Shares of CenturyLink (CTL) plummeted 13% in Thursday’s trading session after the telecommunication company said it would cut its dividend by more than half. While investors — who were certain the dividend would remain intact after management pledges — grew angry and fled the stock in droves, this provides an opportunity for the company to improve its financial health, including through increasing free cash flow. But some argue that financial wellbeing is meaningless if investor sentiment is negative: While free cash flow may increase, investor anger and a feeling of betrayal may haunt the company more than anything.
Nevertheless, Oppenheimer’s top analyst Timothy Horan maintains his Outperform rating on CTL stock with a $20 price target, which implies about 55% potential upside from current levels.
According to TipRanks, which measures analysts’ and bloggers’ success rate based on how their calls perform, analyst Timothy Horan has a yearly average return of 15% and a 70% success rate, and he’s ranked #47 out of 5,163 analysts.
Lost in the news for many investors was CenturyLink’s actual earnings update. The company reported revenue of $5.8B, including $2.2B EBITDA and free cash flow of $741M. Horan says that revenue is “in line” with his estimates, though both EBITDA and free cash flow came in lower than expected. Moving forward, the analyst is optimistic about the slashed dividend (from $2.16 to $1.00), which he says “will generate an incremental $1.24B in FCF in 2019.”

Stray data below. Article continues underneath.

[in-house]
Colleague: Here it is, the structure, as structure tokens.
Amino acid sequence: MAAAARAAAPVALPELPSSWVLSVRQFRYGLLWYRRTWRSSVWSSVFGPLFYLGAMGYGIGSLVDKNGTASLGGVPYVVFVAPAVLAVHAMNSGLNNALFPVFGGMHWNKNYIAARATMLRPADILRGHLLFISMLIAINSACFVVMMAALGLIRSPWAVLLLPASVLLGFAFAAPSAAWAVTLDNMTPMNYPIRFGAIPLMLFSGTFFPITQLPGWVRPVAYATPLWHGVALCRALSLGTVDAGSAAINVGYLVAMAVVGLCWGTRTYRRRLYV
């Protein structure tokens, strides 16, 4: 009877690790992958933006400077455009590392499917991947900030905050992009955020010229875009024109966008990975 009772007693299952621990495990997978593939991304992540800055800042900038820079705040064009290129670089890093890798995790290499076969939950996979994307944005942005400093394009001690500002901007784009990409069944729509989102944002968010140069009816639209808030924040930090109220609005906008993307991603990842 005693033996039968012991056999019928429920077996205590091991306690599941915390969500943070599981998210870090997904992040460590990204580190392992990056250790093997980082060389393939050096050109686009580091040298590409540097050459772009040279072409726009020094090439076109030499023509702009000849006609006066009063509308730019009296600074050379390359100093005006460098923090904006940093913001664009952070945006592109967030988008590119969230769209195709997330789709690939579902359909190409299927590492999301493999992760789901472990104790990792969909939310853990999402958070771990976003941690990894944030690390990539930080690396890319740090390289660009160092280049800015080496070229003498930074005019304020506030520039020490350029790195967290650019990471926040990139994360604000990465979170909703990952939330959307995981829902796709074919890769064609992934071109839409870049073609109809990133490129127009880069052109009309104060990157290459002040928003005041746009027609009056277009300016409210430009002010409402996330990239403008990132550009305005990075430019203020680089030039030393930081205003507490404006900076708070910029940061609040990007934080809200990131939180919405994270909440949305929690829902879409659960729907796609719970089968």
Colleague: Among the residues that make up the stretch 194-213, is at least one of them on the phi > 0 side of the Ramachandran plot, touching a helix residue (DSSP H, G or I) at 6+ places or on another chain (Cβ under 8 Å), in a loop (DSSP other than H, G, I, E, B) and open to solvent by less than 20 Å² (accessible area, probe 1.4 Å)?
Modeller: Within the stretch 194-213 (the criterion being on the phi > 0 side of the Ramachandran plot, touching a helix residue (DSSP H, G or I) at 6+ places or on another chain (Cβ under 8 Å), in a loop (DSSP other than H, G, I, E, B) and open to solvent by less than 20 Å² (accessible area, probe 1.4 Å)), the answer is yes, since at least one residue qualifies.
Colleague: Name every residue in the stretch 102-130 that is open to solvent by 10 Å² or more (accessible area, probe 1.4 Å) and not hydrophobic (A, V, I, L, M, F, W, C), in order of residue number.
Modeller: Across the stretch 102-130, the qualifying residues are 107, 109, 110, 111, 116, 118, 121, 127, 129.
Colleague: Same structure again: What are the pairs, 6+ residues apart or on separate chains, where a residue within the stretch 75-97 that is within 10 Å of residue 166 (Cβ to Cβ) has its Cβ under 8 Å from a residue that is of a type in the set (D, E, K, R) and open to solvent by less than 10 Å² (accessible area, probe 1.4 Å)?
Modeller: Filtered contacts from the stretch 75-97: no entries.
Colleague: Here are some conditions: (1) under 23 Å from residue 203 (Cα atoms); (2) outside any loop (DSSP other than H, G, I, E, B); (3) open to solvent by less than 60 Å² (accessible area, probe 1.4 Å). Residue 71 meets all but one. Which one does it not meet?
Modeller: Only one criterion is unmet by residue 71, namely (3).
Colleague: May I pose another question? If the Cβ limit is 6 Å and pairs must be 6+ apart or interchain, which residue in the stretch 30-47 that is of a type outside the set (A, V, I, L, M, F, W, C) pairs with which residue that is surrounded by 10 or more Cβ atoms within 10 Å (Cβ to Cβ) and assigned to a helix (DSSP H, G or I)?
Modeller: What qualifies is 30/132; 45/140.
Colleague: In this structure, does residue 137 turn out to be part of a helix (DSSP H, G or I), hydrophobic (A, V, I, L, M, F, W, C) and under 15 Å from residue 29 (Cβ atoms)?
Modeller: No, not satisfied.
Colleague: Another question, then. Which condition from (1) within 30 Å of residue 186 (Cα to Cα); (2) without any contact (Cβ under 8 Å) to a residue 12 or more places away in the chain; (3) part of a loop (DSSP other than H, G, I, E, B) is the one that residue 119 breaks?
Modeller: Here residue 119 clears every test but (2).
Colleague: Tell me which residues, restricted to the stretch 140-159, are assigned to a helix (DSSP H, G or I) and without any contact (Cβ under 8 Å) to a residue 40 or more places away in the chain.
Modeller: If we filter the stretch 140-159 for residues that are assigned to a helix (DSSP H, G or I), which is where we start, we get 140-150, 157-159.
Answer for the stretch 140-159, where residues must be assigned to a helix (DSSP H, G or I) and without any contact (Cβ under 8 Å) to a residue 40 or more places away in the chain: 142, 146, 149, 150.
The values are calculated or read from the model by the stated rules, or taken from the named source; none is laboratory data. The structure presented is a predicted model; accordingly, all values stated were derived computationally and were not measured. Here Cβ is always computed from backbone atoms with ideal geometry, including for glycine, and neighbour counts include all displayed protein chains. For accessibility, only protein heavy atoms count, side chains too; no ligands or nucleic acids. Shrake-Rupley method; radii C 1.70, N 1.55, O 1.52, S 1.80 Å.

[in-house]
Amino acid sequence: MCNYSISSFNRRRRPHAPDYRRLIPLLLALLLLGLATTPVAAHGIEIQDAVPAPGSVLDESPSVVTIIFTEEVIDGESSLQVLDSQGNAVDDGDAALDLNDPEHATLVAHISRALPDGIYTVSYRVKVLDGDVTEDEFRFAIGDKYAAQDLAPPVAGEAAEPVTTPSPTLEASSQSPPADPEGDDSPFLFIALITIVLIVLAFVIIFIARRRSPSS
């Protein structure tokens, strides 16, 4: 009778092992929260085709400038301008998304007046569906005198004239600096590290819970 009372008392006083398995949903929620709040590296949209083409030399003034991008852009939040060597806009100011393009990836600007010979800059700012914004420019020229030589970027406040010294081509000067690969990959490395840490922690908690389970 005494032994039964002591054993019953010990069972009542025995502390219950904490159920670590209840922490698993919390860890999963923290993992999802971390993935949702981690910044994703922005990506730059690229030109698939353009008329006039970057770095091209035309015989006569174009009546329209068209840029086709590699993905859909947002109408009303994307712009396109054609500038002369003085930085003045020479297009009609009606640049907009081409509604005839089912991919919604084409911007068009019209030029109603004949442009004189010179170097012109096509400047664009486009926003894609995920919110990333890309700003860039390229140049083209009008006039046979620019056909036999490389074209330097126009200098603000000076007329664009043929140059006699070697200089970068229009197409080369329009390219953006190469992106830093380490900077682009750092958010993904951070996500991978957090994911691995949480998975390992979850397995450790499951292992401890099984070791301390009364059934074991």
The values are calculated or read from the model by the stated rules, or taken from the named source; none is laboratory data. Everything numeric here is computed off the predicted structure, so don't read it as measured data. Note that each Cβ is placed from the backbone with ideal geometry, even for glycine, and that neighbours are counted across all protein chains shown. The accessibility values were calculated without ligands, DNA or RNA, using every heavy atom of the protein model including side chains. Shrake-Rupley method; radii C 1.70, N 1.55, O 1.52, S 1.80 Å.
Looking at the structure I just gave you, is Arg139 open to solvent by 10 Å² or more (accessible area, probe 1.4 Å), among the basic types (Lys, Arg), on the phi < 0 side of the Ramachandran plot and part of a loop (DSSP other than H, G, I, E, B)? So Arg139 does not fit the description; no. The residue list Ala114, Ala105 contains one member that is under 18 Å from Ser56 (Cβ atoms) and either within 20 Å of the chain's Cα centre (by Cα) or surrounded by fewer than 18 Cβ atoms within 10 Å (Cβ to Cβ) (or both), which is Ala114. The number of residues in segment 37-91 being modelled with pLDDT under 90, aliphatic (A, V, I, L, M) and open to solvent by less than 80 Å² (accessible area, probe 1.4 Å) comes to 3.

One challenge facing CenturyLink is in its IT & Managed Services and Voice and Collaboration segments. Hogan says that CenturyLink “continues to face pressure from cloud-based service provider competitors,” noting that these two segments “fell 14% and 7.8% y/y to $145M and $1.6B, respectively.”
Then biggest news in Hogan’s eyes is the dividend cut. He says, “the new mid-30s payout ratio should support strong capex spend (we note $1.24B in additional cash flow) as well as potential M&A activity to reinvigorate stalling legacy assets. We believe management team is cost disciplined and can expand EBITDA margins and provide another capex/FCF tailwind.” Hogan continues, saying, “while disappointing to the yield-minded investor base attracted to [CenturyLink], we believe the dividend cut was the proper move to invest in growth and pay down debt faster. The management team should execute on the additional identified cost savings and begin to ramp up capital return to shareholders in a year or so.” In other words, Hogan is optimistic that CenturyLink will make good use of the impending cash influx, even as high-yield aren’t too happy.
The Wall Street community isn’t sold on CenturyLink. TipRanks analysis of 13 analyst ratings shows a consensus Hold rating. Of the 13 analysts, four recommend Buy, six say Hold and three recommend Sell. There is an average price target of $16.17, representing a 27% rise from current levels. (See CTL’s price targets and analyst ratings on TipRanks)